The shell is the command interpretor in an operating system such as Unix or GNU/Linux, it is a program that executes other programs. It provides a computer user an interface to the Unix/GNU Linux system so that the user can run different commands or utilities/tools with some input data.
When the shell has finished executing a program, it sends an output to the user on the screen, which is the standard output device. For this reason, it is referred to as the “command interpretor”.
The shell is much more than just a command interpretor, it is also a programming language of its own with complete programming language constructs such as conditional execution, loops, variables, functions and many more.
That is why the Unix/GNU Linux shell is more powerful compared to the Windows shell.
In this article, we shall take a look at some of the top most used open source shells on Unix/GNU Linux.
1. Bash Shell
Bash stands for Bourne Again Shell and it is the default shell on many Linux distributions today. It is also a sh-compatible shell and offers practical improvements over sh for programming and interactive use which includes:
- Command line editing
- Job Control
- Unlimited size command history
- Shell Functions and Aliases
- Unlimited size Indexed arrays
- Integer arithmetic in any base from two to sixty-four
2. Tcsh/Csh Shell
Tcsh is enhanced C shell, it can be used as a interactive login shell and shell script command processor.
Tcsh has the following features:
- C like syntax
- Command-line editor
- Programmable word and filename completion
- Spelling correction
- Job control
3. Ksh Shell
Ksh stands for Korn shell and was designed and developed by David G. Korn. It is a complete, powerful, high-level programming language and also an interactive command language just like many other Unix/GNU Linux shells.
4. Zsh Shell
Zsh is designed to be interactive and it incorporates many features of other Unix/GNU Linux shells such as bash, tcsh and ksh.
It is also a powerful scripting language just like the other shells available. Though it has some unique features that include:
- Filename generation
- Startup files
- Login/Logout watching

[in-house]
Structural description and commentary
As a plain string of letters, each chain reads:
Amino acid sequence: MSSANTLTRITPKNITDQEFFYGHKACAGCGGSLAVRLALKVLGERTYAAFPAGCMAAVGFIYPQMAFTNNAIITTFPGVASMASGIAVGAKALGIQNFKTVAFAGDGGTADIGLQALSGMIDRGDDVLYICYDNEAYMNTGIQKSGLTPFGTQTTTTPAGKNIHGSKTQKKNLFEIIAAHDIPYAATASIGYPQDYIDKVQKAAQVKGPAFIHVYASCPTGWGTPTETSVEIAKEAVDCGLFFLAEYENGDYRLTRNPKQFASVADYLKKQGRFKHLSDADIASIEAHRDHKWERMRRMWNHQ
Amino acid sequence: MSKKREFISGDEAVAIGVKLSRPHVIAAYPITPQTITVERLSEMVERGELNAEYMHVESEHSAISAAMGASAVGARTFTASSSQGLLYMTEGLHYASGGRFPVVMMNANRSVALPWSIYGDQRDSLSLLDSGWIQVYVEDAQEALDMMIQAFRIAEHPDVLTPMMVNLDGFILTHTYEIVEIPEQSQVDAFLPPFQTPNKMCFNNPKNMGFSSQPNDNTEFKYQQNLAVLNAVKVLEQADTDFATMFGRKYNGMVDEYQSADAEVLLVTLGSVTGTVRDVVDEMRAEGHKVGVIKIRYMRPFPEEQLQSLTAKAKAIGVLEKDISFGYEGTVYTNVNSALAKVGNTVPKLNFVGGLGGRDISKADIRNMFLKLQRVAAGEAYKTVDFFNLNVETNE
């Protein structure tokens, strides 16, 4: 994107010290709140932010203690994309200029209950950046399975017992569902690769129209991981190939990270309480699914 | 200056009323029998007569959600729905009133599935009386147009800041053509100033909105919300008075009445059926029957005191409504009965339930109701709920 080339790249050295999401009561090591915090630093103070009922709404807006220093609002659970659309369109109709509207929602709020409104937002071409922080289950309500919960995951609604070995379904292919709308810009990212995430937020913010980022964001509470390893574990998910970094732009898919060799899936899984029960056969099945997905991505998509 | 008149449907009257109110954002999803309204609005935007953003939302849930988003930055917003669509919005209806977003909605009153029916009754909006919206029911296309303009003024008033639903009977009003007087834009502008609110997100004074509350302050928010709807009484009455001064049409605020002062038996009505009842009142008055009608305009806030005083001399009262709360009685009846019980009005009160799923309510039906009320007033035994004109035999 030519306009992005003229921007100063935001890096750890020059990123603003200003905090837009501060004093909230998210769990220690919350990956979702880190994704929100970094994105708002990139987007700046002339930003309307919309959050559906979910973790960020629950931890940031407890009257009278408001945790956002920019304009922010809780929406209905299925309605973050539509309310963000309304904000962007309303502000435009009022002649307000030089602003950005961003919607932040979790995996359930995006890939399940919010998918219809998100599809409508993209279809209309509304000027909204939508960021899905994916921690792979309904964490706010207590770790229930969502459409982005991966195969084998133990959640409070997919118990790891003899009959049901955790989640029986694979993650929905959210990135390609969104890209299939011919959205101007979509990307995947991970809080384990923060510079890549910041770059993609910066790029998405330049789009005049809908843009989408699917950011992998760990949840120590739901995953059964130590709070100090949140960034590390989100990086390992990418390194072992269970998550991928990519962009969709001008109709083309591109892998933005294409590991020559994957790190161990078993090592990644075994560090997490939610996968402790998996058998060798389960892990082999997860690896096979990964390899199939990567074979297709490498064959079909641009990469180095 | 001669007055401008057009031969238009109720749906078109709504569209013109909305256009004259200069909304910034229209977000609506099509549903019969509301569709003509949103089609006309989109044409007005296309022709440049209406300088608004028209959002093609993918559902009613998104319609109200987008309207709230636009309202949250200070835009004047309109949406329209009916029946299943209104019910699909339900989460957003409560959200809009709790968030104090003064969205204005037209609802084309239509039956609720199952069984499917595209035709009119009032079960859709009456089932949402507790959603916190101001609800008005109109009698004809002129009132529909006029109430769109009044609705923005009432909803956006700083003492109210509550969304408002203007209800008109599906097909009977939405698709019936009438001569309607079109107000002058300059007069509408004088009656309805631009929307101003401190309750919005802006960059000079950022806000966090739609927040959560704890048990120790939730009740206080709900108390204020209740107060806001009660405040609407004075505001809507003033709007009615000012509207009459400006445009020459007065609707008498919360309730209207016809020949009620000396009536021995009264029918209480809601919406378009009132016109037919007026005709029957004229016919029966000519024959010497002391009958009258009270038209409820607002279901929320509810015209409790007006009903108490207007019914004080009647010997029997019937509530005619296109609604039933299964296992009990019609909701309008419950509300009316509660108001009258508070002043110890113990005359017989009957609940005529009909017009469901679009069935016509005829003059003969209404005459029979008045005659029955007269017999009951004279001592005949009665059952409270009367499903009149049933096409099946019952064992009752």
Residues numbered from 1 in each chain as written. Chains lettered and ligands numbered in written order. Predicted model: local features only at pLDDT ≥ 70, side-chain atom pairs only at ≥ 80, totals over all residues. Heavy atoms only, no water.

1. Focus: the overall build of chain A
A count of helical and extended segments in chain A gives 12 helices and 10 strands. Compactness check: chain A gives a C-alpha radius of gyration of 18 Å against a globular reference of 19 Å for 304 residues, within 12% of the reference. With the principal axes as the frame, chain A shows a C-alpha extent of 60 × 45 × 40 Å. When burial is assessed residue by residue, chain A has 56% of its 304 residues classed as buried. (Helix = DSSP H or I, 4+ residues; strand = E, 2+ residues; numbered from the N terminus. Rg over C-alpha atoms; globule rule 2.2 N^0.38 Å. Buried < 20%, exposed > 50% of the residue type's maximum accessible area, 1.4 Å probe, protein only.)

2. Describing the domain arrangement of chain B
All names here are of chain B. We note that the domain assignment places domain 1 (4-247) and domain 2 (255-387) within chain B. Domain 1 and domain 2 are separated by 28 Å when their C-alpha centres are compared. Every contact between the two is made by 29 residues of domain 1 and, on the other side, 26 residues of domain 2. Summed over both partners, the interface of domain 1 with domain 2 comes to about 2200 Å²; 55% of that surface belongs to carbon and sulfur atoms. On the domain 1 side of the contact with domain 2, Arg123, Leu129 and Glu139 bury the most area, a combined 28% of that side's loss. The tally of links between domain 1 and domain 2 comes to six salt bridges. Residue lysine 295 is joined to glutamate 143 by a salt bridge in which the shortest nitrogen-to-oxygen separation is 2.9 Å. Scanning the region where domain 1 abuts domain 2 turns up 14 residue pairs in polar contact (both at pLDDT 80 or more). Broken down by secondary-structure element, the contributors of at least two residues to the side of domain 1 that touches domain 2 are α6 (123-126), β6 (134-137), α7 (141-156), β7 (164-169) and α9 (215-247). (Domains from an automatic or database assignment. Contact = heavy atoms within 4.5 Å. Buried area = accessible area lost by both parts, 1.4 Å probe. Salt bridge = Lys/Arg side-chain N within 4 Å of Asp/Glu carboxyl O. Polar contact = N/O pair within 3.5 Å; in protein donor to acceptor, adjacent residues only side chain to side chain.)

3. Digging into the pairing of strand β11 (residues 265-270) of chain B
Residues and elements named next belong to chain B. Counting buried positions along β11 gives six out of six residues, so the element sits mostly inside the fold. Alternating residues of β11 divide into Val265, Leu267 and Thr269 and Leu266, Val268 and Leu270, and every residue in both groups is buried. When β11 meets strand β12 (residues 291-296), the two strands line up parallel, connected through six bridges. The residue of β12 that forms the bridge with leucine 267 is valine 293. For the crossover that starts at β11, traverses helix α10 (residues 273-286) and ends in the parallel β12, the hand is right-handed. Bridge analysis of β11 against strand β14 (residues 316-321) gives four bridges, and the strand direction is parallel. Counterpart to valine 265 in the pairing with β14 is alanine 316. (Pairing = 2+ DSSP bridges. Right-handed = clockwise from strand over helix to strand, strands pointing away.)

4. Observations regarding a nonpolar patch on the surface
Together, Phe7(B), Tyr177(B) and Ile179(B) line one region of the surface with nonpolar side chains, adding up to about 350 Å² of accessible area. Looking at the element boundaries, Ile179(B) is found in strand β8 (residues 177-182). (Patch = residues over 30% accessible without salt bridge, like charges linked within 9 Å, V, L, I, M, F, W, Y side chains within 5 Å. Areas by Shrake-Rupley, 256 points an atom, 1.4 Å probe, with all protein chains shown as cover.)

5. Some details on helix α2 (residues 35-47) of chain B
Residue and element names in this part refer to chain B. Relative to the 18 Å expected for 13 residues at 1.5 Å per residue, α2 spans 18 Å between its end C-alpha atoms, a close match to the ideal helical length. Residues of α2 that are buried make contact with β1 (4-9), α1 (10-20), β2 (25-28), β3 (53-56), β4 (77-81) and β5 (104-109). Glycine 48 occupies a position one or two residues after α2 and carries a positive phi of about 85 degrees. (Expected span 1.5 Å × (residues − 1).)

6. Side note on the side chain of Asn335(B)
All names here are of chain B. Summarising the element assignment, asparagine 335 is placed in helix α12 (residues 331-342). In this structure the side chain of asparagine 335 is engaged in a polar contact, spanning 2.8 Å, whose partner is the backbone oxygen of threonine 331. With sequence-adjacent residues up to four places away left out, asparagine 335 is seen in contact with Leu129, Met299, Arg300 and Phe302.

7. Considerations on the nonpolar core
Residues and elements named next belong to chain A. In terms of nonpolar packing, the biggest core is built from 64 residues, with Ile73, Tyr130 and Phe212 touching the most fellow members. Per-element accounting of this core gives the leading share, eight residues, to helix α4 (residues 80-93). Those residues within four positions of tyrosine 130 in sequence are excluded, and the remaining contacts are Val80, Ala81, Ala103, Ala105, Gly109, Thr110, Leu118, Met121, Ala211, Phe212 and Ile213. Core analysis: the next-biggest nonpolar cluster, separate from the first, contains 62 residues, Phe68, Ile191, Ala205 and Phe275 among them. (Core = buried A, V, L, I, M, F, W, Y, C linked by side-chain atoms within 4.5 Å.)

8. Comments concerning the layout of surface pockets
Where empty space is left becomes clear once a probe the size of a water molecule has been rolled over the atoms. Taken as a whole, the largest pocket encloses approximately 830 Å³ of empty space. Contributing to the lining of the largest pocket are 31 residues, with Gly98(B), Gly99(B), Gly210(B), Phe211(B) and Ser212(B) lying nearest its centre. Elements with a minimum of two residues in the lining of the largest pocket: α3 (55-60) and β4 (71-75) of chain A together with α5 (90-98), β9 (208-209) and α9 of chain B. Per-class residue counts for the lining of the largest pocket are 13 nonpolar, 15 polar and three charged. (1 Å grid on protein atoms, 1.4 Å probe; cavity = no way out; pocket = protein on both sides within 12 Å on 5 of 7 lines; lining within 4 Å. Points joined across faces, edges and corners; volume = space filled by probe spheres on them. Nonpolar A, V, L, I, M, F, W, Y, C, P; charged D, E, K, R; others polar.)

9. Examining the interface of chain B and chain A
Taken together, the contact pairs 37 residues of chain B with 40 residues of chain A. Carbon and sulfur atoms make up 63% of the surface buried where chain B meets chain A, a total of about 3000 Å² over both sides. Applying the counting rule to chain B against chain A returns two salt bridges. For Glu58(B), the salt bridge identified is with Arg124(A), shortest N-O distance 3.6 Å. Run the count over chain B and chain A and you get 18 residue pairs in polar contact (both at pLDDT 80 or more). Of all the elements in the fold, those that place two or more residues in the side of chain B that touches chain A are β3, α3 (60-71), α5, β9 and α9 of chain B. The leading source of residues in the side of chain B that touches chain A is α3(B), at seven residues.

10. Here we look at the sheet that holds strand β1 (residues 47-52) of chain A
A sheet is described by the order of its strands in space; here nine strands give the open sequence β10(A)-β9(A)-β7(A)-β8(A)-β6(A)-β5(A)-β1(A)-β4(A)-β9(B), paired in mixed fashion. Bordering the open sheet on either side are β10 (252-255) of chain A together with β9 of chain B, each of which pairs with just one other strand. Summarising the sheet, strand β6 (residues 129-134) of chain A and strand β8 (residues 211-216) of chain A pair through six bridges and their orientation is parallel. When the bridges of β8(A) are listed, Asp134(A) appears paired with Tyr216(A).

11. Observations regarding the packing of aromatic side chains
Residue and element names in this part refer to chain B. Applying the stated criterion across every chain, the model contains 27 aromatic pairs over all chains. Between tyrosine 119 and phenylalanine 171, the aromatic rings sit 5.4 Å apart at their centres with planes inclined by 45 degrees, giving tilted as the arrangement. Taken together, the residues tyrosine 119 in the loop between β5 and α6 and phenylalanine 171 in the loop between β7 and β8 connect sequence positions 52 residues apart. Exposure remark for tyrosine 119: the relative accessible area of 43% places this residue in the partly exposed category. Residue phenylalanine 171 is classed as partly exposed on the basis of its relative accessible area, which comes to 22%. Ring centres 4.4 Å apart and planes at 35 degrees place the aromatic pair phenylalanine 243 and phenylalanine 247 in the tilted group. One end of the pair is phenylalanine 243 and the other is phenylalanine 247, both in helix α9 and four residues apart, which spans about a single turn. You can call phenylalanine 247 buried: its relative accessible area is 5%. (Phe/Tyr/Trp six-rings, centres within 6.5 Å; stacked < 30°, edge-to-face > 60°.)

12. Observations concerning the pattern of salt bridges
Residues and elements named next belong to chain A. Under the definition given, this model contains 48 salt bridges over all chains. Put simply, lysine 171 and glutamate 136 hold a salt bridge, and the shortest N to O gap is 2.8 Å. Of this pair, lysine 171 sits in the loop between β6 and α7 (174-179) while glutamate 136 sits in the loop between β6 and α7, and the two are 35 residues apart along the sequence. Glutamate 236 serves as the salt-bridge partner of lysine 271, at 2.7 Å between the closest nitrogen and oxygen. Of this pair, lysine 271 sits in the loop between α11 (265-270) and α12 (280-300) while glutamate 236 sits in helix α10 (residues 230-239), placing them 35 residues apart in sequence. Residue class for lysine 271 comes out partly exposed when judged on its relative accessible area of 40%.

- Closing comments
- Concept index
- Variable index
- Functions index
- Key index and many more that you can find out in man pages
Fish in full stands for “friendly interactive shell” and was authored in 2005. It was intended to be fully interactive and user friendly, just like the other shells, it has some pretty good features that include:
- Man page completions
- Web based configuration
- Fully scriptable with clean scripts
- Support for term256 terminal technology
You can read more about fish shell at Fish – A Smart Interactive Shell for Linux
These are not all the shells available in Unix/GNU Linux but they are the top most used apart from those that are already installed on different Linux distributions. Hope you find this article useful and more any additional information, do not hesitate to post a comment.
6 thoughts on “5 Most Frequently Used Open Source Shells for Linux”
Two shells everyone will sooner or later come across and are therefore worth knowing about are dash and busybox.
dash is what many Linux distros use as their default /bin/sh-shell, because it is very small and so executes small and simple shell scripts quickly. Being able to write dash-conform shell scripts means these will work for many distributions and even most UNIX-derivatives and this can be considered a core skill for everyone who works with Linux and UNIX systems.
busybox is less of a shell, but an entire collection of commands included in a shell-like environment. It is found on many embedded systems as a replacement for a full shell and other executables because it packs many of these into a single executable to save space. Although it makes for a very sparse shell environment does know busybox mean one can find their way quickly and easily around on even the smallest of computer systems and it is worth knowing about.
Linux is the most powerful operating system written in C language by Linus Torvalds. The architecture of Linux consists of several layers such as Hardware in the core then kernel, shell, and the outermost layer is user application that is the operating system.
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Many thanks for sharing this useful information.
you missed ssh jail shell
Thanks for your feedback, I will find out more about it and add it to the list above.
Thanks, maybe I try somone, although you could describe a little bardziejz some examples.